## Erlang Distribution :

The Erlang distribution is a continuous probability distribution that is often used to model the time it takes for events to occur in a system, such as the time between arrivals of customers at a store or the time it takes to complete a task in a manufacturing process. This distribution is characterized by two parameters: the rate at which events occur, and the number of events that must happen before the system is considered to be “complete.”

One example of the Erlang distribution is the time it takes for a customer to be served at a fast food restaurant. The rate at which customers arrive at the restaurant is a constant, and the number of events (i.e., the number of customers) that must be served before the restaurant is considered to be “empty” is also constant. The time it takes for each customer to be served follows an Erlang distribution, with the rate parameter equal to the average number of customers served per minute, and the number of events parameter equal to the number of customers that must be served before the restaurant is considered empty.

Another example of the Erlang distribution is the time it takes for a manufacturing process to be completed. The rate at which tasks are completed in the manufacturing process is a constant, and the number of tasks that must be completed before the process is considered to be “done” is also constant. The time it takes for each task to be completed follows an Erlang distribution, with the rate parameter equal to the average number of tasks completed per minute, and the number of events parameter equal to the number of tasks that must be completed before the process is considered done.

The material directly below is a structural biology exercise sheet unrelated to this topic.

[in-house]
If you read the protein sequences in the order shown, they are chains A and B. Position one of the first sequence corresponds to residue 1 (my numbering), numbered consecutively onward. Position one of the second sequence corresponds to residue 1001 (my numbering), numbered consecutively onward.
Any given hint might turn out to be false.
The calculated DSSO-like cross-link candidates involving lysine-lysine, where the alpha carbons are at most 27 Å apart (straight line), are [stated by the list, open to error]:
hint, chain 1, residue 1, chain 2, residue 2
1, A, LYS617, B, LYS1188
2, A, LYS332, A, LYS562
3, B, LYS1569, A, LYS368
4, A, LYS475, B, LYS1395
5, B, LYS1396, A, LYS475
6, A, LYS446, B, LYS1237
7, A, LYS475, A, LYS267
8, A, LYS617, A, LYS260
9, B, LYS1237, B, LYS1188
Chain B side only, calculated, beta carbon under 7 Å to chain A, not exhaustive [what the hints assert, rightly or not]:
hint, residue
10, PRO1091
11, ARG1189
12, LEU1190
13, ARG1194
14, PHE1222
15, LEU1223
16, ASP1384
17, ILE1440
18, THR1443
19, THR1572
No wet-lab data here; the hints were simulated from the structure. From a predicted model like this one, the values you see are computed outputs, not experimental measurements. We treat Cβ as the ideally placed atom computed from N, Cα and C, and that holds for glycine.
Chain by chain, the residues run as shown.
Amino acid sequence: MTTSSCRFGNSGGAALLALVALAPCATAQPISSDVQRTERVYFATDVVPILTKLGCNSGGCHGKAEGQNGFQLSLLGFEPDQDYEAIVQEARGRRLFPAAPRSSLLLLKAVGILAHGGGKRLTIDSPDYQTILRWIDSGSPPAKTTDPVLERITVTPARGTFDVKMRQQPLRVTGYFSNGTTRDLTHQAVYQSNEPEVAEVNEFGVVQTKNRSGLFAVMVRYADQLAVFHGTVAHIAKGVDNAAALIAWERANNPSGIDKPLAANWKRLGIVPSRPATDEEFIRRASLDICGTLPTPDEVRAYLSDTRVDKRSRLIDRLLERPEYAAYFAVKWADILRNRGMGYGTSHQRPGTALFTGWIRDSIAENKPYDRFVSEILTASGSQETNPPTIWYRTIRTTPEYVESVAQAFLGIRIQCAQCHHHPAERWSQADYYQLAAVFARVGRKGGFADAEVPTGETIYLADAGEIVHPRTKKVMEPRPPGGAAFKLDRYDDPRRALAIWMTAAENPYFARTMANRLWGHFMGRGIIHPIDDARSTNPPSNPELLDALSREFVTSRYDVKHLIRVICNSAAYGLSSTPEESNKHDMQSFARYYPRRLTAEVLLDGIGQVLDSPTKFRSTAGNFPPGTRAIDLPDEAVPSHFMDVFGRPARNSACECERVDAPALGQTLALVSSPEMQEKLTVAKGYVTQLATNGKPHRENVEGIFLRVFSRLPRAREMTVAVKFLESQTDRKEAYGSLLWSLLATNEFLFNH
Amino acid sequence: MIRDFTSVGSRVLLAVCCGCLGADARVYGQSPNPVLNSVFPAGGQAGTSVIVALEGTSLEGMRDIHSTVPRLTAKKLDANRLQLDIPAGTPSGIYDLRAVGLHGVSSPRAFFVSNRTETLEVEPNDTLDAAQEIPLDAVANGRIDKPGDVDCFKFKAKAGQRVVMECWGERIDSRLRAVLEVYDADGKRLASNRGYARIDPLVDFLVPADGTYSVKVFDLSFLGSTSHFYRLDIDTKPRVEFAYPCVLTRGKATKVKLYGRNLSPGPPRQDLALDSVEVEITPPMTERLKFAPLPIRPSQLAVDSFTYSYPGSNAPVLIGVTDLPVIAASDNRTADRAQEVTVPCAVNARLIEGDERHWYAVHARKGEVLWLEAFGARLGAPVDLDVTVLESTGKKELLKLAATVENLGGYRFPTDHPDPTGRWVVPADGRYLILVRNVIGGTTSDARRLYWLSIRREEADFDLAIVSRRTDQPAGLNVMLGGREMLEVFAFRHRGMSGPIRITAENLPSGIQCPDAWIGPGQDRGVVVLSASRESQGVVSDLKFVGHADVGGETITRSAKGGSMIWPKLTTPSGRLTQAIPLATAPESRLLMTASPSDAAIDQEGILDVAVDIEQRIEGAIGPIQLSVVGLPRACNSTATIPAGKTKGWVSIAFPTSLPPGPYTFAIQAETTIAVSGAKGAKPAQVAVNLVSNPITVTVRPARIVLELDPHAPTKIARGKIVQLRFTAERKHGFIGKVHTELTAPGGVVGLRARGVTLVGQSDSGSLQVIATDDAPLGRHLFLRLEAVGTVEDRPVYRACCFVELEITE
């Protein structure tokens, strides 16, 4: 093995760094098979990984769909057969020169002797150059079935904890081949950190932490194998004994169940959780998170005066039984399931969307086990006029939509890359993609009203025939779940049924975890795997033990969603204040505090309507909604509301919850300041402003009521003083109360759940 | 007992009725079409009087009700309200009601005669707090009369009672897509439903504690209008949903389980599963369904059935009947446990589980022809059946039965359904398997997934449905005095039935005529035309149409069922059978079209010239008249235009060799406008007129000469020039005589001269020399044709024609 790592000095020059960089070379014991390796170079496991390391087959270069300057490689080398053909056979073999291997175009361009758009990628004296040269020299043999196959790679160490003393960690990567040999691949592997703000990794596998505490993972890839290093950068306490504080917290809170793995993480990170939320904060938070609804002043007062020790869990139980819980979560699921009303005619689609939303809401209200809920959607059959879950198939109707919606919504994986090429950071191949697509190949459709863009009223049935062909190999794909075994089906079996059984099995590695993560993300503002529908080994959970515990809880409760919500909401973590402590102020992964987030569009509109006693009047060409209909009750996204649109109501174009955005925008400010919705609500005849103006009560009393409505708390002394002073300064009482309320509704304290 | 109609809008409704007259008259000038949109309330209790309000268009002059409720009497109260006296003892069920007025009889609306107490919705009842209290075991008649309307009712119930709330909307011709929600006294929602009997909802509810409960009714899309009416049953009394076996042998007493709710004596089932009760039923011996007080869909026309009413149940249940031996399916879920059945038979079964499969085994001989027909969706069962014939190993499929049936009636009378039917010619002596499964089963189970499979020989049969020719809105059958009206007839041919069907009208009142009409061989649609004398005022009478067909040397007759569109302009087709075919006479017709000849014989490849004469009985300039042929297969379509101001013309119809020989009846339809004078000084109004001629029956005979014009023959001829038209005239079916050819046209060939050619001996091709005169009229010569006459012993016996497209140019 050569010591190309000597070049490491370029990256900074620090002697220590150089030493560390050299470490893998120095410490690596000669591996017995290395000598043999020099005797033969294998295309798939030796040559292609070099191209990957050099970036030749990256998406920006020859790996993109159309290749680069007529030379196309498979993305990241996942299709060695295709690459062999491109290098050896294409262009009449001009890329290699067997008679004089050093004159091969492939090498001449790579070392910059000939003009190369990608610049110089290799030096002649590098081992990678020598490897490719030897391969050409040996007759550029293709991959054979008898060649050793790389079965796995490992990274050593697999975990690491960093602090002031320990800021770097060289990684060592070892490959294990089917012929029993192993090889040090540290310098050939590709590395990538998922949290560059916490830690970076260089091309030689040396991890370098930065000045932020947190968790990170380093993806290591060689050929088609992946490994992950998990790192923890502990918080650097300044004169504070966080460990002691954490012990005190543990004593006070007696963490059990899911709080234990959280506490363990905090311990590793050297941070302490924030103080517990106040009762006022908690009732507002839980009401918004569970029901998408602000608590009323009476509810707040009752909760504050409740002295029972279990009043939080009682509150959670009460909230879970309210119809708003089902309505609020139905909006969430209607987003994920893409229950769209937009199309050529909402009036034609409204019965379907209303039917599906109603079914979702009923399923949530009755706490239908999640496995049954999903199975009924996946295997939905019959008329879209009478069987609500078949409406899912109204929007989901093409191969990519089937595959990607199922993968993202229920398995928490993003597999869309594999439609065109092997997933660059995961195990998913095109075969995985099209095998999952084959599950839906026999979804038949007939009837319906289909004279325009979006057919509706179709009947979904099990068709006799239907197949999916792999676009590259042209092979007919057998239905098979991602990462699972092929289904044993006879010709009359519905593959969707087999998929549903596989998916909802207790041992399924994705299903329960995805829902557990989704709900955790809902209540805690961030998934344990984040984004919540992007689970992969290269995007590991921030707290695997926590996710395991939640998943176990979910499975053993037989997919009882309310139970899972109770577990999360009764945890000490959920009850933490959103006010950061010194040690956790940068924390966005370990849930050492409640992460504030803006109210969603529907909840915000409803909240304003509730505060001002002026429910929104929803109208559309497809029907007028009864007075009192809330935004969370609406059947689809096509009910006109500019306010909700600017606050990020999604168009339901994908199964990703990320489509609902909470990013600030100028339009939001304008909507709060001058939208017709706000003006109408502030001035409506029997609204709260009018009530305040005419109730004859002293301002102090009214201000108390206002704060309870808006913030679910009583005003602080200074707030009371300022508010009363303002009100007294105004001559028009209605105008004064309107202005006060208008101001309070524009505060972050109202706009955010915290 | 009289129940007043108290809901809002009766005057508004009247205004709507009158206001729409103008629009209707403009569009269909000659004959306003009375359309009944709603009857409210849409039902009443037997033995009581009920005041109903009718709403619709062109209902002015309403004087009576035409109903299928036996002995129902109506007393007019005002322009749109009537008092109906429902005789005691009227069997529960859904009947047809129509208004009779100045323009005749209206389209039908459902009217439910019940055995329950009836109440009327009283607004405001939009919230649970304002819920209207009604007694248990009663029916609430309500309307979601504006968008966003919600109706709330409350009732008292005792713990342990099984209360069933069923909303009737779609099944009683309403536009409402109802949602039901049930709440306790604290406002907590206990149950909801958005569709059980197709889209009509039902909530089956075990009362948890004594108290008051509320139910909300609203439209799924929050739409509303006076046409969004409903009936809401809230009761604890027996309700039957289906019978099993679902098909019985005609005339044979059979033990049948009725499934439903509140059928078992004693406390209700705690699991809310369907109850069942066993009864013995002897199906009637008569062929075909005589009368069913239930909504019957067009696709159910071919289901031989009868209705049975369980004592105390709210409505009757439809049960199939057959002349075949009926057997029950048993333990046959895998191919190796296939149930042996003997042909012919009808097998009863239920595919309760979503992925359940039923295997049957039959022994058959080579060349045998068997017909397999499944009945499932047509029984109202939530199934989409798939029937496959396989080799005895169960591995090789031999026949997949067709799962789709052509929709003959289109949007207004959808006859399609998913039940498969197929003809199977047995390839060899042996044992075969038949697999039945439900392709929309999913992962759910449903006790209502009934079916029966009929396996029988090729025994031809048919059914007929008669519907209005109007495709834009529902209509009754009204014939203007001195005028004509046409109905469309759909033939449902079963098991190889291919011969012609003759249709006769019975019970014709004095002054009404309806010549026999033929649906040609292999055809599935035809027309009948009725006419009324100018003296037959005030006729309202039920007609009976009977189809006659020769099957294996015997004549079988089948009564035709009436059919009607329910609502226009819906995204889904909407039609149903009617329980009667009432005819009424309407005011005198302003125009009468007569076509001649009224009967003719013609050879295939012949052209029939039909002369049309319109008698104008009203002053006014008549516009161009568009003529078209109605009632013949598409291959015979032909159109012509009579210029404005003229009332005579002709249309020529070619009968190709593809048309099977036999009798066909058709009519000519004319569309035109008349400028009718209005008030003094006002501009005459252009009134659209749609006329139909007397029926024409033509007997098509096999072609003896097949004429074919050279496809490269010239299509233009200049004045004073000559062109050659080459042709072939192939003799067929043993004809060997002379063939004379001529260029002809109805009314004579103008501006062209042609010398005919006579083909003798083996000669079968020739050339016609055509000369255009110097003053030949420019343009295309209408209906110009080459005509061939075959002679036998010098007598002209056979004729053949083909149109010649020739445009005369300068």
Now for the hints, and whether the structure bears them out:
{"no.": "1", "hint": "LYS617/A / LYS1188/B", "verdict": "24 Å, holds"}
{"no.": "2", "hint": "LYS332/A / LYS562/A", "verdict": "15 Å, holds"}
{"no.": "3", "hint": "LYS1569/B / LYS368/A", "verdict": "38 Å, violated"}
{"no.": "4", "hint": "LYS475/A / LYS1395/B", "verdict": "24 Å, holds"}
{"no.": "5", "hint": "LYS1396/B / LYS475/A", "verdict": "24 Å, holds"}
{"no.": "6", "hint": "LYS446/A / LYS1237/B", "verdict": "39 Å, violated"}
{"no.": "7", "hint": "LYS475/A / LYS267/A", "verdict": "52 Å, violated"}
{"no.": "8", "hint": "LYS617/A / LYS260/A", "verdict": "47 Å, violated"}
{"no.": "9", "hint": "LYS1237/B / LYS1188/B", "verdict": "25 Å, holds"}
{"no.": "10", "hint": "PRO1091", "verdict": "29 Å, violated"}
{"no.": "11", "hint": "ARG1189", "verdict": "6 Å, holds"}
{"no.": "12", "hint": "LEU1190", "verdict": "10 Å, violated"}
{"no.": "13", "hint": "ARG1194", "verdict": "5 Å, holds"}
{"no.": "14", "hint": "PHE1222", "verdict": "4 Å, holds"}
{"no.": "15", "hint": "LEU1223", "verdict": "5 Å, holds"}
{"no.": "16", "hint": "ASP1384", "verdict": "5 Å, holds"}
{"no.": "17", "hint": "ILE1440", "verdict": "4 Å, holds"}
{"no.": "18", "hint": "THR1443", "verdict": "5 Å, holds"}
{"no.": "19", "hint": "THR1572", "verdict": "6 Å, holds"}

The Erlang distribution is often used in queuing theory, which is the study of how long it takes for customers or tasks to be served in a system. This distribution is particularly useful in situations where the rate at which events occur is constant and the number of events that must be completed before the system is considered to be “done” is also constant. The Erlang distribution is often used to model the time it takes for events to occur in a system, such as the time between arrivals of customers at a store or the time it takes to complete a task in a manufacturing process. This distribution is characterized by two parameters: the rate at which events occur, and the number of events that must happen before the system is considered to be “complete.”